The old practice of capitalizing pronouns of deity has been done in very few Bible translations historically, and was abandoned by most Christian publishers years ago. I continued to do it for years but it created inconsistencies since I would capitalize pronouns of deity, then quote Scripture that didn’t. The inconsistency stood out. The only alternative would be to quote from NASB or NKJV, both of which capitalize pronouns of deity, but neither of which is my preference for purposes of clarity.
On our website and blog, and on social media, we usually capitalize pronouns referring to deity. I never would have stopped doing it in my books if my publishers hadn’t changed their policy. (EPM has chosen to capitalize the pronouns in our self-published books.) I think there’s not really a big down side. It not only shows reverence, but sometimes increases clarity—as in “Jesus and Peter were talking, and then suddenly He said to him, ‘Look out.’” But where it’s not possible, i.e. in my books with other publishers, I’ve gone with their policy.
Of course, I would never agree to Christ or God not being capitalized. I have had to fight to get Heaven capitalized in my books, arguing that it is a proper noun, and just as real a place as Saturn or France. I argue the same for capitalizing the New Earth—if we capitalize New England, why not the redeemed creation that Scripture calls the “New Earth”? But notice that while Heaven is capitalized (since it is an actual place), I don’t capitalize There or It when referring to Heaven, e.g. “If we go There” or “…It is a happy place!” Only the actual word Heaven is capitalized, and industry standard is similar with pronouns referring to deity.
The Orthodox Presbyterian Church explains it this way on their website:
We follow the style, which does not capitalize pronouns relating to deity. This intends no disrespect to God; it is the usage of the historic English Bibles: Wyclif (1380), Tyndale (1534), Cranmer (1539), Geneva (1557), Rheims (1582), and King James Version of KJV (1611). Moreover, it is the style followed by the New International Version (NIV) and English Standard Version (ESV), as well as by our denominational magazine New Horizons. The NASB and NKJV do capitalize pronouns relating to deity (introducing something which is not in the Greek or Hebrew, I might add).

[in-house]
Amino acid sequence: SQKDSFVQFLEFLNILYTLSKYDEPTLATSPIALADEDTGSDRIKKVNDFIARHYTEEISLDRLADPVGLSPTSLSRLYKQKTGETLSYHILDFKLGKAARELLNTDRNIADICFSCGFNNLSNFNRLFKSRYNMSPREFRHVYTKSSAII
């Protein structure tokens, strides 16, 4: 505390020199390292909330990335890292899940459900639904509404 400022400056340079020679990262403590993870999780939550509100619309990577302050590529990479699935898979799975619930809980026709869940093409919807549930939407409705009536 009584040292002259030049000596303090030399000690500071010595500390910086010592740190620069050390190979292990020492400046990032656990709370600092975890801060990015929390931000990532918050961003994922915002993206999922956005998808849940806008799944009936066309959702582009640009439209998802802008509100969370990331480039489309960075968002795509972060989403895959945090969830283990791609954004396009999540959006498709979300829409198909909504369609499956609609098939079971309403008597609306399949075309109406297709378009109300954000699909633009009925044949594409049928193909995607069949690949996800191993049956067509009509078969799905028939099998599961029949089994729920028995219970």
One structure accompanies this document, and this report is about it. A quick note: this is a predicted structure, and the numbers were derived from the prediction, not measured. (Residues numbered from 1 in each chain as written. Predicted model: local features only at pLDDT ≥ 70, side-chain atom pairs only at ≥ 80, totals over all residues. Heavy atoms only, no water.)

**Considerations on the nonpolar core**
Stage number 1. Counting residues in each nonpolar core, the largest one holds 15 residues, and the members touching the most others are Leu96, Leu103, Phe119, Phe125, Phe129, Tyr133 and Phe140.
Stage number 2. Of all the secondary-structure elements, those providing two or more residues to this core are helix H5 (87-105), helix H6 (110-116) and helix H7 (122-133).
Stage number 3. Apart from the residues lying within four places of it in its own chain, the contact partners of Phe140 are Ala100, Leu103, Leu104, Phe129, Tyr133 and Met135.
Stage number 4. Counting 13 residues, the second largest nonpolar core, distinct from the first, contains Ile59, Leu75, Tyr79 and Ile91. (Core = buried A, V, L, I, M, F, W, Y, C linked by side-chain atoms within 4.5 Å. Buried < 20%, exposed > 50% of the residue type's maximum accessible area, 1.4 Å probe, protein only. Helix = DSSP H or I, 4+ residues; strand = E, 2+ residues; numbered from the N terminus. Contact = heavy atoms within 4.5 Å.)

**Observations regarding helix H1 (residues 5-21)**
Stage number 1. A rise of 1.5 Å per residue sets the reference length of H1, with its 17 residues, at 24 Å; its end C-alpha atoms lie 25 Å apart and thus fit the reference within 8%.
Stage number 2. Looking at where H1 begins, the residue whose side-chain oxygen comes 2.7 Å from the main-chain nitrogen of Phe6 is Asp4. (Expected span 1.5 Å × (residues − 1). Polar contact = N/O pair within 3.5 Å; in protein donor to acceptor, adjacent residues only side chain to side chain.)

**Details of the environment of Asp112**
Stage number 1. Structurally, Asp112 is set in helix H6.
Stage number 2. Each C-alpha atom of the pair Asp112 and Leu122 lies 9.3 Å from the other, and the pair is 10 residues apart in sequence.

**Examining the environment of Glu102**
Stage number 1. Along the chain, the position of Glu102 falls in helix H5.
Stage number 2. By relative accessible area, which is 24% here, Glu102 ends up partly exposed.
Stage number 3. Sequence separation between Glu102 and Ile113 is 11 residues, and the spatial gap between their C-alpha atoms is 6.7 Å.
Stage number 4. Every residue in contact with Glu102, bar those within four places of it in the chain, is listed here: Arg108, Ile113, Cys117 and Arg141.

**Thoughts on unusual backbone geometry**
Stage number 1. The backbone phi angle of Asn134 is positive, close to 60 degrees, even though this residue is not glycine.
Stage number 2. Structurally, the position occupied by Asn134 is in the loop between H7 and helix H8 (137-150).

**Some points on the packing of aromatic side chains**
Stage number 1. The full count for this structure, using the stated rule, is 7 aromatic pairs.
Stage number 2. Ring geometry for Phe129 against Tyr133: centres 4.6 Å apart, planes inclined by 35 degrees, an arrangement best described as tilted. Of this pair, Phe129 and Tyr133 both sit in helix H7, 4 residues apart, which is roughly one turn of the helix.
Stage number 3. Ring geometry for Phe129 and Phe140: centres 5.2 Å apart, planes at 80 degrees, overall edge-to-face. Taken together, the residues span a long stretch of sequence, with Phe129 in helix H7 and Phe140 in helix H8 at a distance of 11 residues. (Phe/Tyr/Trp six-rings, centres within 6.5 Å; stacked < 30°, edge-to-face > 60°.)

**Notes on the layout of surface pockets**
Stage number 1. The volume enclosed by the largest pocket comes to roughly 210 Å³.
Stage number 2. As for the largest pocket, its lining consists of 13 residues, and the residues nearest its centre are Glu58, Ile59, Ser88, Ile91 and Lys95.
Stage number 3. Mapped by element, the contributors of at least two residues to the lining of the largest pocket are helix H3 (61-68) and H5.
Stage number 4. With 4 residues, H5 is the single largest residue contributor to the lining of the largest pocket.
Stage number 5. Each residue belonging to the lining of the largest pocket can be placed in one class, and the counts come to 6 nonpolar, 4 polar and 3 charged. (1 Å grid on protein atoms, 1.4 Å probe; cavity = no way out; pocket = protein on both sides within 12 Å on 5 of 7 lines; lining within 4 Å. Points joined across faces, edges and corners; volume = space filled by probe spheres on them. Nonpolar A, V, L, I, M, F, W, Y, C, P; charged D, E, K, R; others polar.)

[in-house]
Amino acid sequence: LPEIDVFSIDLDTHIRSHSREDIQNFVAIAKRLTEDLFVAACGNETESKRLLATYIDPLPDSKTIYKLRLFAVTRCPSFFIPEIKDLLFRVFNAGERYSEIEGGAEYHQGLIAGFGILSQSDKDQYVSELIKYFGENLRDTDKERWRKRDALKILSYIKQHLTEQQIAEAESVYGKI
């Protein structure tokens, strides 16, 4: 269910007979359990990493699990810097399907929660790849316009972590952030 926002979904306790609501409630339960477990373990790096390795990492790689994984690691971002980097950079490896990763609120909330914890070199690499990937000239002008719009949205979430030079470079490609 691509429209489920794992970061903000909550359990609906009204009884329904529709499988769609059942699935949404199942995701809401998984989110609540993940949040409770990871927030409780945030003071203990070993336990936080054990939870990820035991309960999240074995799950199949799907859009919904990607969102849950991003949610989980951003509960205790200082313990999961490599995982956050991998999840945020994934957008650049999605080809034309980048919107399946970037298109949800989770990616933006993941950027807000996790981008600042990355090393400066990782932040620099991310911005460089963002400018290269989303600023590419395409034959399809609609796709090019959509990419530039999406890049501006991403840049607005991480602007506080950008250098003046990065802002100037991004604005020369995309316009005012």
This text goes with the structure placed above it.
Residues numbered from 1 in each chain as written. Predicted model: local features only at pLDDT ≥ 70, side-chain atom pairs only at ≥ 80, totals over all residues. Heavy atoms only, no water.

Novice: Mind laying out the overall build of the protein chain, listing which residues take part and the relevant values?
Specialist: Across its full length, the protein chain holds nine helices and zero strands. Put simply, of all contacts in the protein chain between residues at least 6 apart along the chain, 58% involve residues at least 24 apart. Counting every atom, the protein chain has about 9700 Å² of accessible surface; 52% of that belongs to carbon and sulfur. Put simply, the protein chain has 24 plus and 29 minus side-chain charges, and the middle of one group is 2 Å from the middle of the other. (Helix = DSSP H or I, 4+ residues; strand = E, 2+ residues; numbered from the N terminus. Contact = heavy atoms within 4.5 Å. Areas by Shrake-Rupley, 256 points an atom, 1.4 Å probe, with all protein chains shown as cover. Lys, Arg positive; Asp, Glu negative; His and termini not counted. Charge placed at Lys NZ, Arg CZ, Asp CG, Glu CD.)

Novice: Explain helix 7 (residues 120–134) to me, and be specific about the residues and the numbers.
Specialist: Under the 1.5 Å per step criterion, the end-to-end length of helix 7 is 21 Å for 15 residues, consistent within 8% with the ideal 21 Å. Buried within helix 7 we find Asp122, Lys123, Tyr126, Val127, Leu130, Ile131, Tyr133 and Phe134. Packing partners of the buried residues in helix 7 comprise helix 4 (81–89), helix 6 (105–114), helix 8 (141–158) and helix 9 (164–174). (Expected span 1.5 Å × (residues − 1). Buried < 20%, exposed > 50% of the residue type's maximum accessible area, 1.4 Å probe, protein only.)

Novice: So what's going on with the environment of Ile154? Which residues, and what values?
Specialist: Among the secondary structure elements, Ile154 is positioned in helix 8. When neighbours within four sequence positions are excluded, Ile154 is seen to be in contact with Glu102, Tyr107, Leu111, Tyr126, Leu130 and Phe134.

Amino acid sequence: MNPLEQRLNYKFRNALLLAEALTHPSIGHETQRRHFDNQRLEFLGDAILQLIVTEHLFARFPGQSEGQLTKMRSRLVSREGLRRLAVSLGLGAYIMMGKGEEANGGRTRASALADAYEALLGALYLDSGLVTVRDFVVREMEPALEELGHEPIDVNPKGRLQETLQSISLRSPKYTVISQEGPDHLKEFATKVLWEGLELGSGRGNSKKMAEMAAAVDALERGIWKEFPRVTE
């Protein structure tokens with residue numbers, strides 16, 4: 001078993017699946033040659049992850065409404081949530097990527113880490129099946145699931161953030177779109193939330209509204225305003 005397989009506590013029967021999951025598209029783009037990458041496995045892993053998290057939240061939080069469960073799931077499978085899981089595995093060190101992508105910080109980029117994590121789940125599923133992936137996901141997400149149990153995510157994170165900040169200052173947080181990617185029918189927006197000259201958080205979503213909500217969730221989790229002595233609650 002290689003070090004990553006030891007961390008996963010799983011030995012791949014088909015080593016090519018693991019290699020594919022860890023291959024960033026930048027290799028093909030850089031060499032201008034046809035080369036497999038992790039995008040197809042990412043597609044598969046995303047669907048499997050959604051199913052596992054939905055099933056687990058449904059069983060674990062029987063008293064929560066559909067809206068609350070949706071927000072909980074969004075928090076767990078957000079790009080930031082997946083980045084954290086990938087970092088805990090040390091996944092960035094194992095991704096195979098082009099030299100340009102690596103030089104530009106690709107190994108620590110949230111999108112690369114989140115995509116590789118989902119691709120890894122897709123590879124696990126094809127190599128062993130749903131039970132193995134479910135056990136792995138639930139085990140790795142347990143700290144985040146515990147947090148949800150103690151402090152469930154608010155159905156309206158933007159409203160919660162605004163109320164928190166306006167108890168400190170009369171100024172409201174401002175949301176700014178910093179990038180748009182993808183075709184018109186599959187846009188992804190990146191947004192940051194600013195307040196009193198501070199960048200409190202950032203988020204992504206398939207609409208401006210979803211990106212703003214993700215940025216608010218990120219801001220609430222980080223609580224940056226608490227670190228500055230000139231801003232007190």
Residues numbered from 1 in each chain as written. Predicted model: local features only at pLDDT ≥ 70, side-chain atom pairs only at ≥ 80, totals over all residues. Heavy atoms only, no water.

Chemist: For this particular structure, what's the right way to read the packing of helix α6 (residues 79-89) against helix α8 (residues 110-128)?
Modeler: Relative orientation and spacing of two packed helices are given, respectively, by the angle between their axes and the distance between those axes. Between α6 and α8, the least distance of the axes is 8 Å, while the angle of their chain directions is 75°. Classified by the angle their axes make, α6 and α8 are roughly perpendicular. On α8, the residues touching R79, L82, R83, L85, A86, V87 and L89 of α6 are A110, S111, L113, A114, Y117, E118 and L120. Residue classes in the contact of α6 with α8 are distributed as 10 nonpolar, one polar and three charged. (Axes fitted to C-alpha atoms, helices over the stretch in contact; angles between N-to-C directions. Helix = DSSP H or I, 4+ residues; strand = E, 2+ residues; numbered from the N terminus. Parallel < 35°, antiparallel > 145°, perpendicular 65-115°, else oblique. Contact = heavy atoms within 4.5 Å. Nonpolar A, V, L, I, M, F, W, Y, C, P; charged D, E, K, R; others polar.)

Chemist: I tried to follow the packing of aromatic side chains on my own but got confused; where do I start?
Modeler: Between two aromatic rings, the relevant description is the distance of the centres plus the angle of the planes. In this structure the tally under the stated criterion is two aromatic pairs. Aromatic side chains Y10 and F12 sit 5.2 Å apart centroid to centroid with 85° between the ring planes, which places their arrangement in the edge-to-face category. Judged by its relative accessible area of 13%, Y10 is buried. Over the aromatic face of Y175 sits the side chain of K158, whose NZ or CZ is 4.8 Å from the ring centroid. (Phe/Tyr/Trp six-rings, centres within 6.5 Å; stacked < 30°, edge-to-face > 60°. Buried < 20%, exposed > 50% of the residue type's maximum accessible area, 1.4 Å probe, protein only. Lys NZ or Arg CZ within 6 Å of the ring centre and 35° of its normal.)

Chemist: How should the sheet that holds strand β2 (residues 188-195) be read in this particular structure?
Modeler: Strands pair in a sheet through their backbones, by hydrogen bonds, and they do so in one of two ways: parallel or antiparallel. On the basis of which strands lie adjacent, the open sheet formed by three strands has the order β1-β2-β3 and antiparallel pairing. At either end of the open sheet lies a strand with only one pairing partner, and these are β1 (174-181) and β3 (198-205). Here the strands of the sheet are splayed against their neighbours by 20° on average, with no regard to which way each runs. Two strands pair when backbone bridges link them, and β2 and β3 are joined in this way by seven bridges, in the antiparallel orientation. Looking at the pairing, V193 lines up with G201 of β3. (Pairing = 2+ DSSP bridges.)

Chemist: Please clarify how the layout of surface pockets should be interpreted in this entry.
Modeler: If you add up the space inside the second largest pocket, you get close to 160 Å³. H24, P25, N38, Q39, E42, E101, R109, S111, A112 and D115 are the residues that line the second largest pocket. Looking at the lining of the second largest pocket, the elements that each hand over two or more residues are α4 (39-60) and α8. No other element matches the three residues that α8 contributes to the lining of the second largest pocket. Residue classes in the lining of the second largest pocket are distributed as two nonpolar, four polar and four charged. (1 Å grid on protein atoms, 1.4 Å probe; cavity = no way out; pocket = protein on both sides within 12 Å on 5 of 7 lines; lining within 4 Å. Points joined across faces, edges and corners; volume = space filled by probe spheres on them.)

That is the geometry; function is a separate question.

I also like this answer from Got Questions:
Many people struggle with this question. Some, believing it shows reverence for God, capitalize all pronouns that refer to God. Others, believing the “rules” of English style should be followed, do not capitalize the deity pronouns. So, who is right? The answer is neither. It is neither right nor wrong to capitalize or not capitalize pronouns that refer to God. It is a matter of personal conviction, preference, and context. Some Bible translations capitalize pronouns referring to God, while others do not.
In the original languages of the Bible, capitalizing pronouns referring to God was not an issue. In Hebrew, there was no such thing as upper-case and lower-case letters. There was simply an alphabet, no capital letters at all. In Greek, there were capital (upper-case) letters and lower-case letters. However, in all of the earliest copies of the Greek New Testament, the text is written in all capital letters. When God inspired the human authors of Scripture to write His Word, He did not lead them to give any special attention to pronouns that refer to Him. With that in mind, it follows that God is not offended if we do not capitalize pronouns that refer to Him.
If you capitalize pronouns that refer to God to show reverence for His name, fantastic! Continue doing so. If you capitalize pronouns that refer to God to make it more clear who is being referred to, great! Continue doing so. If you are not capitalizing pronouns that refer to God because you believe proper English grammar/syntax/style should be followed, wonderful! Continue following your conviction. Again, this is not a right vs. wrong issue. Each of us must follow his/her own conviction and each of us should refrain from judging those who take a different viewpoint.